According to a preferred embodiment of the invention the apparatus is adapted for use as a syringe and the shaft is adapted to push the first piston to inject the fluid in response to a positive pressure within the second chamber.
A variety of blocking means may be used for blocking or disengaging at least one of the chamber or exterior orifices. The blocking means may be in the form of a mobile element; the mobile element being adapted to move relative to the cylinder to block or disengage the orifices of the channel.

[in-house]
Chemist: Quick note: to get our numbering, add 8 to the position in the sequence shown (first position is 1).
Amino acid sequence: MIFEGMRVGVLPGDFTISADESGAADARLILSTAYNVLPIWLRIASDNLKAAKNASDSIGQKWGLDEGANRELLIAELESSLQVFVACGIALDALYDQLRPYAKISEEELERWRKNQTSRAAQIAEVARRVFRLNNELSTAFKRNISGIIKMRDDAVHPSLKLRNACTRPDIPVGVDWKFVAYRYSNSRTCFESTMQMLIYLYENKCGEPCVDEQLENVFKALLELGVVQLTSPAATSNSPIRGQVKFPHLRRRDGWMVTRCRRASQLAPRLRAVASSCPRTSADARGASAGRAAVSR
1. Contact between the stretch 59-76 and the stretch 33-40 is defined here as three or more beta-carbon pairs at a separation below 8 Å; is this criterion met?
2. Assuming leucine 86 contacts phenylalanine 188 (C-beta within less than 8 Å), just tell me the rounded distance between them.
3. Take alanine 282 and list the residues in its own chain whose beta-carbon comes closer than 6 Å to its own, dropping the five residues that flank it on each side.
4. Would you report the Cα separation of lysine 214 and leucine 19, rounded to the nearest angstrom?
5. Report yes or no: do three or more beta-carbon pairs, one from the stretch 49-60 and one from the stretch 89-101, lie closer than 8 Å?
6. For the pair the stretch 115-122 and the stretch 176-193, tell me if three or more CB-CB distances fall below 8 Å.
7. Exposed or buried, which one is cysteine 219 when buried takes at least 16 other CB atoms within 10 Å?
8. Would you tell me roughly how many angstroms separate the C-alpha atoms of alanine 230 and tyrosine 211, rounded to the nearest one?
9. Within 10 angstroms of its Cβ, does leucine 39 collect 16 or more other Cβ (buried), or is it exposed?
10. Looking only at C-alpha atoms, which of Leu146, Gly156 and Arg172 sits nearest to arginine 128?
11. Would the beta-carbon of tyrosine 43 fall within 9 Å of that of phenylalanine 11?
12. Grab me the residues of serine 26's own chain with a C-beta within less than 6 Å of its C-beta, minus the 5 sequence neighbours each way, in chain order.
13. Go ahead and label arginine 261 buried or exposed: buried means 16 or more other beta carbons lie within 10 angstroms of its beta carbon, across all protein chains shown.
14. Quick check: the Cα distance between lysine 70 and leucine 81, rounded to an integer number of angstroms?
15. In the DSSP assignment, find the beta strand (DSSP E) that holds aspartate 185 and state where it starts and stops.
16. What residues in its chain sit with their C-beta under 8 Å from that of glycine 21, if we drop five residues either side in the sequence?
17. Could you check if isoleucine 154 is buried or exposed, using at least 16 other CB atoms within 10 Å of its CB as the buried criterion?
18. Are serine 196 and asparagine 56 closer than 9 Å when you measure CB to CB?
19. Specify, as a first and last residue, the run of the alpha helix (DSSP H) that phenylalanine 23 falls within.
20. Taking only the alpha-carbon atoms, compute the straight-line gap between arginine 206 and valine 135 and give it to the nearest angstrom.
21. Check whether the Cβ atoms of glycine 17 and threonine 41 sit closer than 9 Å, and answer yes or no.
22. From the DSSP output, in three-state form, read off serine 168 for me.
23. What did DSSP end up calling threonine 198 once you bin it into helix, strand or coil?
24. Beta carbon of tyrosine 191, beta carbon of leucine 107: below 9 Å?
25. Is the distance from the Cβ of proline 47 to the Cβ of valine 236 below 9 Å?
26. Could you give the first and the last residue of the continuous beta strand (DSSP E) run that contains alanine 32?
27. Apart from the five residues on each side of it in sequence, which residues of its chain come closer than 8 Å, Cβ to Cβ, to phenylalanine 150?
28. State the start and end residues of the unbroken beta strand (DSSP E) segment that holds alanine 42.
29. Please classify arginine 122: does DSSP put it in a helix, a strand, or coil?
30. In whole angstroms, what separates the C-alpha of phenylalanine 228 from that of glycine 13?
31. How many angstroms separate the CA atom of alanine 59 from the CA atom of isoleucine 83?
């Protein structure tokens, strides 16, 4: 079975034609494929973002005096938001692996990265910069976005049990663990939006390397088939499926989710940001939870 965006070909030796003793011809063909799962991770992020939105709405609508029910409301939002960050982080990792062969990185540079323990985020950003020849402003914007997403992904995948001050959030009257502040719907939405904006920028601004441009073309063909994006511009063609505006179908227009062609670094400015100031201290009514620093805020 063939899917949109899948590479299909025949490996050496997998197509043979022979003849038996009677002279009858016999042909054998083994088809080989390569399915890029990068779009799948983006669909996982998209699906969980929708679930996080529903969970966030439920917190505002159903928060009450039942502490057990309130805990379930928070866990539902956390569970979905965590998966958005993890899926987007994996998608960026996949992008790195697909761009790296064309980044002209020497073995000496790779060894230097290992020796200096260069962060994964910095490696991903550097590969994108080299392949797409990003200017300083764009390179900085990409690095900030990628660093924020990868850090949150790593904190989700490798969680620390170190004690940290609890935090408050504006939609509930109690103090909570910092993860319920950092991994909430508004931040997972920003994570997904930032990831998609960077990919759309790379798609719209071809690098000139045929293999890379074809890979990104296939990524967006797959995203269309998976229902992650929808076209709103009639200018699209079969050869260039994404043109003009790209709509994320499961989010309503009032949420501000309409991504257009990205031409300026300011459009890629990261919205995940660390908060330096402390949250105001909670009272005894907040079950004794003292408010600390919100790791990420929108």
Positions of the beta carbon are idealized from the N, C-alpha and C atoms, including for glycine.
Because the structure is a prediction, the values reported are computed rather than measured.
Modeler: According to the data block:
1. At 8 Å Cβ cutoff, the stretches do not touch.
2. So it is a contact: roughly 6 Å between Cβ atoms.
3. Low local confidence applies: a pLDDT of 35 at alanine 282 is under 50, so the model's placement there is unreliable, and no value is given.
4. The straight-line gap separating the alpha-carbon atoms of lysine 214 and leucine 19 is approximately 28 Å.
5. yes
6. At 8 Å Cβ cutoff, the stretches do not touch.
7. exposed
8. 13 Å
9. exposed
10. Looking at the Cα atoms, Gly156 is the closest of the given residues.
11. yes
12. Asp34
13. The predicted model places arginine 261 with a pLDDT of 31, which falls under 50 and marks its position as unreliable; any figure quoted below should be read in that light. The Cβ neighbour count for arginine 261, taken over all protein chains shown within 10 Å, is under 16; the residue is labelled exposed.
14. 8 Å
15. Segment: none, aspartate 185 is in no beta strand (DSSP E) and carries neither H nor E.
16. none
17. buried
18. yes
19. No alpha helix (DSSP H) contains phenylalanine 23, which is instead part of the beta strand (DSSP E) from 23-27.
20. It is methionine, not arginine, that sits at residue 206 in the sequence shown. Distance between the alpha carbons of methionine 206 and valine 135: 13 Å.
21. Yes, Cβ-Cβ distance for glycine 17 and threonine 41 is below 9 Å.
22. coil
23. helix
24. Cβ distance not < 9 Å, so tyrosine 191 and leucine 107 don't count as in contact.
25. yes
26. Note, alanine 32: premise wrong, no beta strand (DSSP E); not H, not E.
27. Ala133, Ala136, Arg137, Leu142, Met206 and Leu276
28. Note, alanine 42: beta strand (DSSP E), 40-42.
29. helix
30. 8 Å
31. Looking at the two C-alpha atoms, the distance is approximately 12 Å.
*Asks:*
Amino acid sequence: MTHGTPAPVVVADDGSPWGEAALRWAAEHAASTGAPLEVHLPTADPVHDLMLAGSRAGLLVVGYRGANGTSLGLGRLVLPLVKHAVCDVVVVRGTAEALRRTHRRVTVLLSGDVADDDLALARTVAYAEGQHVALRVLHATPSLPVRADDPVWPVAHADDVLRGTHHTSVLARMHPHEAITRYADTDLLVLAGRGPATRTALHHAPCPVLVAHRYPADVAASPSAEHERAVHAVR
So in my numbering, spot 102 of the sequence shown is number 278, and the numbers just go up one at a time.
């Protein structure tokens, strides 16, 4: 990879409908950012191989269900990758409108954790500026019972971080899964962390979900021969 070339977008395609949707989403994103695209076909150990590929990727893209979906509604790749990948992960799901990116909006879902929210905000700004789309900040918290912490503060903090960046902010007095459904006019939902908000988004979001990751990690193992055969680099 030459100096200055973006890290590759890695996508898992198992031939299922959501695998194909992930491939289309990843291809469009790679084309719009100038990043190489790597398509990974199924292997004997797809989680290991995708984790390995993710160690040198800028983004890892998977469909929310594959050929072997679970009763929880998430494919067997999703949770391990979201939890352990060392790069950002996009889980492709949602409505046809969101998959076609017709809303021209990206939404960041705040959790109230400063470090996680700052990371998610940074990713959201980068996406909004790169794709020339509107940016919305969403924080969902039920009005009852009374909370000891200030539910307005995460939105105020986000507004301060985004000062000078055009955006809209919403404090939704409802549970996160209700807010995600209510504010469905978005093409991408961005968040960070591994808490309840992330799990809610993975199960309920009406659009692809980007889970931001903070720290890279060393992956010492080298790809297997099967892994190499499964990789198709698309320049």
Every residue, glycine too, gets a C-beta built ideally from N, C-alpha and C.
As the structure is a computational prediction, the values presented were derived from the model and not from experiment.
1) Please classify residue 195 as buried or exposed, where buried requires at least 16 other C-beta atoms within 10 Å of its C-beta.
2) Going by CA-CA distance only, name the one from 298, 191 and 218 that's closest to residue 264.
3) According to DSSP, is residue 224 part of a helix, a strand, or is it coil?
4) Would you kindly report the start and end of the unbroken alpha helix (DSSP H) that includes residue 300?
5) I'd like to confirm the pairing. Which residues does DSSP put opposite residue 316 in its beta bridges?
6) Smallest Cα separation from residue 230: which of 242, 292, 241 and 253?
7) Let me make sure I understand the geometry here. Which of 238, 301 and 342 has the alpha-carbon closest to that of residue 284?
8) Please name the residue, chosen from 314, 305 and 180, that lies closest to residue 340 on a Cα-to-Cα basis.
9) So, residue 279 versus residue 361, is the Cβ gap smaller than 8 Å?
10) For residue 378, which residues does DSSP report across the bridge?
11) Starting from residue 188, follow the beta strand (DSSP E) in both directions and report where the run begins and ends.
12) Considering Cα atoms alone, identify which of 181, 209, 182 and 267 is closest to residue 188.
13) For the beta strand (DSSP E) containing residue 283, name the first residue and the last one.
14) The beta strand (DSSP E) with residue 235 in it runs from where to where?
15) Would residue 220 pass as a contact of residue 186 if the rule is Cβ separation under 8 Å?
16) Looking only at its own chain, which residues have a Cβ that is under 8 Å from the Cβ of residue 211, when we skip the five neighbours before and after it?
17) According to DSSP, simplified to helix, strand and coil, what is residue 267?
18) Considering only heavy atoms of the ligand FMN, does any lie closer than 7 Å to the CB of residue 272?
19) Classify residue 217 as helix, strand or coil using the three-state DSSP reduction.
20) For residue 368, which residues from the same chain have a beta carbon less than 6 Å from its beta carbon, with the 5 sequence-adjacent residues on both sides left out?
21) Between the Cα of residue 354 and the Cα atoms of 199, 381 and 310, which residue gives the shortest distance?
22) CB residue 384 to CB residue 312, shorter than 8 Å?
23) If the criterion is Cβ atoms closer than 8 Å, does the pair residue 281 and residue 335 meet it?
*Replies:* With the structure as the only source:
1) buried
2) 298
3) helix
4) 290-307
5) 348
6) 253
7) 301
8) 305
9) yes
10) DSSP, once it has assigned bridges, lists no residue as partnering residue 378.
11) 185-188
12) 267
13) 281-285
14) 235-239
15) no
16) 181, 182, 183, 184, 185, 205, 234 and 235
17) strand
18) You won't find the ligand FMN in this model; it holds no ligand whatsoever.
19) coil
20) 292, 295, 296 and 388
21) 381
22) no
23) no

According to one embodiment of the invention, the mobile element extends beyond the second piston and outside of the cylinder. In this embodiment the channel extends into the shaft of the second piston and the exterior orifice is positioned on the outside of the cylinder. In effect, the communication channel comprises a first section extending between the second chamber and the first chamber, with the communication channel passing through the second piston, and a second section passing through the wall of the cylinder between the first chamber and the exterior of the cylinder. In this instance, the mobile element passes through the end wall of the cylinder opposite to the injection side and ends on the interior of the cylinder in an end adapted to block the orifice of the communication channel opening into the second chamber. The first section of the channel is coaxially bored in the piston and in the shaft of the piston and opens onto the lateral surface of the piston shaft on the interior of the first chamber. In this device, the mobile element is in effect a plunger adapted to cooperate with the second piston; said plunger being adapted to extend outside of the cylinder. The plunger ends in a conical member adapted to block the chamber orifice. The conical member is held by a plurality of fingers extending from the second piston whereby the plunger and second piston move in phase with one another.